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| Chefs |

Makoto Talks About His Bal Harbour Restaurant Opening This Sunday

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This coming Sunday, March 27, marks the opening of Makoto at the Bal Harbour Shops. "Makoto Okuwa worked for us at Morimoto in Philadelphia and New York," explains Stephen Starr (who is known locally for Steak 954 in Fort Lauderdale, but whose restaurant group includes a host of properties, including Morimoto and Buddakan). "He was the executive sushi chef for Morimoto. When we had the opportunity to do this restaurant, he was the first person I thought of. I think he's a superstar."

The 200-seat indoor/outdoor restaurant will offer "modern Japanese cuisine, with the focus being on hot foods, some that are traditional, some not so traditional," offers Starr. Makoto is known for his whimsical spin on familiar foods. Some menu choices at the new restaurant: Foie gras gyoza with yuzu marmalade; chicken tskune meatball with sansho pepper and quail egg; black cod karashi sumiso; and frosty Kobe fried rice with foie gras, chichi, and jidori egg.

I asked Makoto what the thinking was behind a dish such as the frosty kobe foie gras. "When I was competing with Michael Symon on Iron Chef, I did it the same way, but I used sea urchin instead," Makoto explained. "When people eat cold and hot food together it gives kind of a new feeling."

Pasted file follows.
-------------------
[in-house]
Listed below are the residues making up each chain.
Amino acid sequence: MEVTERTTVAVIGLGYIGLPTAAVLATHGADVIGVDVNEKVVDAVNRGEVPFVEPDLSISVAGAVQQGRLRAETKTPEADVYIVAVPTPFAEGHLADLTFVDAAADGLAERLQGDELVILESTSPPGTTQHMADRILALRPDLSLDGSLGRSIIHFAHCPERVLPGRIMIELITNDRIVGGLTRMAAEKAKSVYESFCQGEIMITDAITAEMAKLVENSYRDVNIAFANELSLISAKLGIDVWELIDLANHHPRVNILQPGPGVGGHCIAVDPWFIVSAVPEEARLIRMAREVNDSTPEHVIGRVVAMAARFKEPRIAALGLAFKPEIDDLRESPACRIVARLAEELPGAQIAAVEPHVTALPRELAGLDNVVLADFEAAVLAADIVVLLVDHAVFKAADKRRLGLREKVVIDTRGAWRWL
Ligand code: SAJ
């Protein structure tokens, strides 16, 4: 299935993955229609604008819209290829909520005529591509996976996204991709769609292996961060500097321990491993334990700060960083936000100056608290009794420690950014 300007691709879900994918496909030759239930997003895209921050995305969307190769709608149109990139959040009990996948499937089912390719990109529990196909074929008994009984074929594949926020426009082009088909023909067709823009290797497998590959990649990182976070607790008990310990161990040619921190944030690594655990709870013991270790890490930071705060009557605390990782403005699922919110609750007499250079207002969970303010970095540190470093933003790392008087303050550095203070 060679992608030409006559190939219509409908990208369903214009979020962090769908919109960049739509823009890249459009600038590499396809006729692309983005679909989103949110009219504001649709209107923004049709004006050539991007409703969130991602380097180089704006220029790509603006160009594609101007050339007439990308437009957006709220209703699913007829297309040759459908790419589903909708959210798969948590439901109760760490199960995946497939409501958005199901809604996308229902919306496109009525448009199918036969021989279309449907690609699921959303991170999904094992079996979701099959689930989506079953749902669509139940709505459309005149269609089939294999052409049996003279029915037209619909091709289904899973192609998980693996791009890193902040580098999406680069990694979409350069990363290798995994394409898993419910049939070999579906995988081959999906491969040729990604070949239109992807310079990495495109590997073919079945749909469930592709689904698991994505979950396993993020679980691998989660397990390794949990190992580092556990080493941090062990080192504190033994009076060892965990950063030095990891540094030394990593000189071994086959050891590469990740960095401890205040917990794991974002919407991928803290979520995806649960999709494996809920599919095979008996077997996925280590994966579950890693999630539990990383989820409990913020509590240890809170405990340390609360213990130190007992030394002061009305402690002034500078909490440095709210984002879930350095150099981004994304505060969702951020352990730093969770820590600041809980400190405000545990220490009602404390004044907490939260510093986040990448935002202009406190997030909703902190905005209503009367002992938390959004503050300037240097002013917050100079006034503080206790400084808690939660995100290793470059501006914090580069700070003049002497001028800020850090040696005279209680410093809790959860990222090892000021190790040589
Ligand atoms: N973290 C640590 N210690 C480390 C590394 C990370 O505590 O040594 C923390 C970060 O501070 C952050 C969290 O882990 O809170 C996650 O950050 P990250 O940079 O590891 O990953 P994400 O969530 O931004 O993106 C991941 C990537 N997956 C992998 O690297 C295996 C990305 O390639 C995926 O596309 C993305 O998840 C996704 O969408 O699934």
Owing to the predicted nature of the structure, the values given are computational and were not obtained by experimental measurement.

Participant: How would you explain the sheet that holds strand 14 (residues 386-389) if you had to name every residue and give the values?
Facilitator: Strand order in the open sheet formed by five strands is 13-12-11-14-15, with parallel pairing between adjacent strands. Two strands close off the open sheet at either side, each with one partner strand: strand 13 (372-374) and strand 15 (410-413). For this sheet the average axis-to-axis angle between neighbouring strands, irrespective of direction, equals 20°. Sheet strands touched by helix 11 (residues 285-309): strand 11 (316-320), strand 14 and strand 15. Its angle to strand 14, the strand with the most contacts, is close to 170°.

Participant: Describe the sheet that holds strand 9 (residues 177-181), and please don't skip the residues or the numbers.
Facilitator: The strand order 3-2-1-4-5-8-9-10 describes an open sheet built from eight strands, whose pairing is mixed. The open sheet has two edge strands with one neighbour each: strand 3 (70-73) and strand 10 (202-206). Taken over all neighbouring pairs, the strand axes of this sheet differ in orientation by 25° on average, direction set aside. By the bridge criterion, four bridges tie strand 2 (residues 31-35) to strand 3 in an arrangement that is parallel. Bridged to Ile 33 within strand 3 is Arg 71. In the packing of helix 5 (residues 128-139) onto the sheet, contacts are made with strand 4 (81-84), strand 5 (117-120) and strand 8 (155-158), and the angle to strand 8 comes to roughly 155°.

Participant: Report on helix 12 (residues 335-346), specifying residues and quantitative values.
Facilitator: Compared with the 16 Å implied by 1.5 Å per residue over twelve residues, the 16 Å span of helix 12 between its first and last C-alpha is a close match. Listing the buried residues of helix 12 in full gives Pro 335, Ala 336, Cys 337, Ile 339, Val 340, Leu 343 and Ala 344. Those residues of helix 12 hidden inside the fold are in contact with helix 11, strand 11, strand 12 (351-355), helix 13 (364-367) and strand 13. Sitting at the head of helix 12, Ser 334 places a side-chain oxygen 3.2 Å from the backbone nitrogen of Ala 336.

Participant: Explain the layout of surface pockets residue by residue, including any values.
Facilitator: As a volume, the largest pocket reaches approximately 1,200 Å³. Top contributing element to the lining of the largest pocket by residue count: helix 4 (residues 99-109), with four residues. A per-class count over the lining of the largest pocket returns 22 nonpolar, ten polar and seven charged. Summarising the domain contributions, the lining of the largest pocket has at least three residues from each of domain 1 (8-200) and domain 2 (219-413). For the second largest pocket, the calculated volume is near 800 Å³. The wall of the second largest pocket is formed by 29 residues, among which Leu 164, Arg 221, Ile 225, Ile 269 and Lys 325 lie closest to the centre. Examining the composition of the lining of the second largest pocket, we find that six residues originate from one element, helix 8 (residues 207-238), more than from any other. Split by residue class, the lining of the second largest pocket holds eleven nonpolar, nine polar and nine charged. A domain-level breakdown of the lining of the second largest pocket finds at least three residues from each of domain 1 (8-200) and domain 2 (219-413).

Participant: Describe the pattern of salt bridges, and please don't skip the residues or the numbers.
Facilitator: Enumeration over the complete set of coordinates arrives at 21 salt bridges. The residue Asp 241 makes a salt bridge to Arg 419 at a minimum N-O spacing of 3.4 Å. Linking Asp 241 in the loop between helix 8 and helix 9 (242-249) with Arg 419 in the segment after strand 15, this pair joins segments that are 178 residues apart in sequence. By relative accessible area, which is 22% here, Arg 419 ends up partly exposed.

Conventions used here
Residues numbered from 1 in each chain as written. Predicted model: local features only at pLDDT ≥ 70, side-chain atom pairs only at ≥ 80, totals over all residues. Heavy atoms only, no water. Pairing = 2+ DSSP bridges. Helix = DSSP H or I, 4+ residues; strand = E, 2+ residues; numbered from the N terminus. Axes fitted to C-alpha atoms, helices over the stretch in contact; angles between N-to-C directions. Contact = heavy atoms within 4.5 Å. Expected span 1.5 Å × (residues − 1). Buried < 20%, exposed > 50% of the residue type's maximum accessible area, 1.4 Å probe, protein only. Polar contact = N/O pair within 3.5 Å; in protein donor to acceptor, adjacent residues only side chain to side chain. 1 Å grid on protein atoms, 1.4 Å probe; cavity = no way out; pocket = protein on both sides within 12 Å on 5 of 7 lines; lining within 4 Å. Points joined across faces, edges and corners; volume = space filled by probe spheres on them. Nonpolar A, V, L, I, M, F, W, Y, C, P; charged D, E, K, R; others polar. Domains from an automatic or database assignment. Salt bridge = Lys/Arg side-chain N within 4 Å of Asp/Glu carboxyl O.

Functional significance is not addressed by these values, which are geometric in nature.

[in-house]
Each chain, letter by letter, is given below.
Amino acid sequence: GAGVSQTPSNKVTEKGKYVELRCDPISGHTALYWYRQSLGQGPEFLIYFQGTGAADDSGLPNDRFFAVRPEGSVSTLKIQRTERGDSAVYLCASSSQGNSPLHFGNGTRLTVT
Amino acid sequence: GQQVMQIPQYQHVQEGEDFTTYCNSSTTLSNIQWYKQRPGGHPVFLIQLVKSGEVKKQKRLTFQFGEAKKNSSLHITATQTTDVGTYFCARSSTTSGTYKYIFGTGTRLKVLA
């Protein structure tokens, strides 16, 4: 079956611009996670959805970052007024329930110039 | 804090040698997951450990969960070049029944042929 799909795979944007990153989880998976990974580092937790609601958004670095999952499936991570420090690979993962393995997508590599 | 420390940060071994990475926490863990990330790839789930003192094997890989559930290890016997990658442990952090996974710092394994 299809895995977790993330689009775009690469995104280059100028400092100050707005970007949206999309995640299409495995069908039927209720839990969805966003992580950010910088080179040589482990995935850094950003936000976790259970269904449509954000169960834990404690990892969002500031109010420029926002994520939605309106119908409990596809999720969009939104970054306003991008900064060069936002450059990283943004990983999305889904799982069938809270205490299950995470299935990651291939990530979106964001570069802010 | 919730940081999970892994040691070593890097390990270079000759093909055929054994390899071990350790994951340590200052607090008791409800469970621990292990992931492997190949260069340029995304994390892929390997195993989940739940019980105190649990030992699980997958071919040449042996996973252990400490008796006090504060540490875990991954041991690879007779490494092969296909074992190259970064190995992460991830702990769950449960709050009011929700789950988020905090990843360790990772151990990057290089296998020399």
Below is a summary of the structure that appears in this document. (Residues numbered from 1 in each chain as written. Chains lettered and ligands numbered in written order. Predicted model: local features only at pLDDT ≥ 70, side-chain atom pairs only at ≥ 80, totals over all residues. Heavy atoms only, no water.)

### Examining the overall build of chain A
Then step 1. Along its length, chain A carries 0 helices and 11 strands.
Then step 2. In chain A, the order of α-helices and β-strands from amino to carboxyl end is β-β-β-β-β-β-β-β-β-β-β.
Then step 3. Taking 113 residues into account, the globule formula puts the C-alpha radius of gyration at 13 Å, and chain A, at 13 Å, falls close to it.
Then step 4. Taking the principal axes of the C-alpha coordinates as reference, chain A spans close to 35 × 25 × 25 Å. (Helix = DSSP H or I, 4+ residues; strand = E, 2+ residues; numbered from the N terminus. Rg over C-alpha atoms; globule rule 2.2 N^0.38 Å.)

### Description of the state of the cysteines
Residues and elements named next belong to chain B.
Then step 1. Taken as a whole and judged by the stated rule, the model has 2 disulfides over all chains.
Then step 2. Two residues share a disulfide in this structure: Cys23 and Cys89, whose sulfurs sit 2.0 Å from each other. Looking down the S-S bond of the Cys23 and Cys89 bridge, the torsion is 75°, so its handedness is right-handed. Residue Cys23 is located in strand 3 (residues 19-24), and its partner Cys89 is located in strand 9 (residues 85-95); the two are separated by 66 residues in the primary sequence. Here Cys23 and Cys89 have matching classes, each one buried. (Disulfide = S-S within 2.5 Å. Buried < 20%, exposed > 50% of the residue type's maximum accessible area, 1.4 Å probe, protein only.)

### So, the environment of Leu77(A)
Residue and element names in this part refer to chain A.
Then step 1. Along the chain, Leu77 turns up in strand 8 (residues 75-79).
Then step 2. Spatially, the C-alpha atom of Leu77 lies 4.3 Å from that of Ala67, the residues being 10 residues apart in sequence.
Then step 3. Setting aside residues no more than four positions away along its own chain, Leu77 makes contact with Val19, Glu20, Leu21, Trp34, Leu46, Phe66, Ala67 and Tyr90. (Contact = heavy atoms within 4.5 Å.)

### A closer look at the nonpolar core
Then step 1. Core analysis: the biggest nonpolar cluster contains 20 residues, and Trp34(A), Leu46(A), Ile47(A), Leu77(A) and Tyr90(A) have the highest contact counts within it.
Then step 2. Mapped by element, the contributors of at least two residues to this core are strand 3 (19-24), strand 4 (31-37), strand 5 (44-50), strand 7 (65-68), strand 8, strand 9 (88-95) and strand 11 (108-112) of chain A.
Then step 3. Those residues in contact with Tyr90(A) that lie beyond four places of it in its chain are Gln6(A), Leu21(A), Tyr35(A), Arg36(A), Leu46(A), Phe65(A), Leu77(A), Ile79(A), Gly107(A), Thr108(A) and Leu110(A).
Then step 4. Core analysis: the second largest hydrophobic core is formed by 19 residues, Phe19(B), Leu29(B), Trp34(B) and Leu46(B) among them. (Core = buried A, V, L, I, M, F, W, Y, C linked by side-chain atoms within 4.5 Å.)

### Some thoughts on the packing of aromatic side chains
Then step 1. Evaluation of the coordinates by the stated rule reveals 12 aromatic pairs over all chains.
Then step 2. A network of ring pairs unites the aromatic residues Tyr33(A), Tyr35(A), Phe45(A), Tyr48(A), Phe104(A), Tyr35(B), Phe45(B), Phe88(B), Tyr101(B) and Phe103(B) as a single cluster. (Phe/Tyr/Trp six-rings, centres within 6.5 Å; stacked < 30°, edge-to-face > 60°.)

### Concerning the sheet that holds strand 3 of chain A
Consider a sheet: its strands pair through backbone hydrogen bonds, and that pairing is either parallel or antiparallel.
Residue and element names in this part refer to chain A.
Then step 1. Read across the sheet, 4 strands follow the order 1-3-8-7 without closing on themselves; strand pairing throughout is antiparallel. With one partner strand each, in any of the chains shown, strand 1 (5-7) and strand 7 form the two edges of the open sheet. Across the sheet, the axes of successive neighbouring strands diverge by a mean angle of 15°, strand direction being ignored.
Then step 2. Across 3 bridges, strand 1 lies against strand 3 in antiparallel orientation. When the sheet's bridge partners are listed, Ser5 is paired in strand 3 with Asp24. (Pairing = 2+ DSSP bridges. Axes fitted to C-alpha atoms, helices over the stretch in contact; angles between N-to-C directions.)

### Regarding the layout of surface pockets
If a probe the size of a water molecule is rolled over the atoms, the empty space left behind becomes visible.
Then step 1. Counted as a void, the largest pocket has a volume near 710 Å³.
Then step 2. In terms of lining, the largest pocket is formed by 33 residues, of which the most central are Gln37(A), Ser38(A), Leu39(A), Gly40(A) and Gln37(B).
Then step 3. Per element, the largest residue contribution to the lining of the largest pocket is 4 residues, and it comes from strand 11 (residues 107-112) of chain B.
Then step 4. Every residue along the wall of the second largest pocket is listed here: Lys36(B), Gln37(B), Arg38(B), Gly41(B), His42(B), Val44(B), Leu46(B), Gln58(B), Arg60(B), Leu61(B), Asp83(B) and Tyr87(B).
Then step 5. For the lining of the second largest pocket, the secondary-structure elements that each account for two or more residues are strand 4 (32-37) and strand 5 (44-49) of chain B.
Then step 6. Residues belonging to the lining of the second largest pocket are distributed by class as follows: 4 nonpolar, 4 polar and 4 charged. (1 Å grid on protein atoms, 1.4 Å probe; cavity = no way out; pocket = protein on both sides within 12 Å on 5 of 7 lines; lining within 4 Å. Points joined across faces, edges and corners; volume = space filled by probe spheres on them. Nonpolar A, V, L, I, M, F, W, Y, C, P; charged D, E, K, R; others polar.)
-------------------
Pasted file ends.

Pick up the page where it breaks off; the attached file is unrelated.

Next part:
Naturally I inquired what he had learned while working with Masaharu Morimoto. He mentions a "focus on detail," but, more importantly, he learned "how to read the customer and know what to do to make him appreciate your food."

Makoto at Bal Harbour will also serve sushi, sake, and have a robata grill too. And while Starr is excited about the restaurant design ("sexy but sophisticated; not over the top"), and expects a lively scene to develop, "our philosophy is that food is the most important thing."

Makoto Okuwa is confident that his modern Japanese fare will be well-received in South Florida. I asked him whether he wants a rematch with Michael Symon, who ended up winning the Iron Chef sea urchin match. "For sure," answered Miami's newest star chef.

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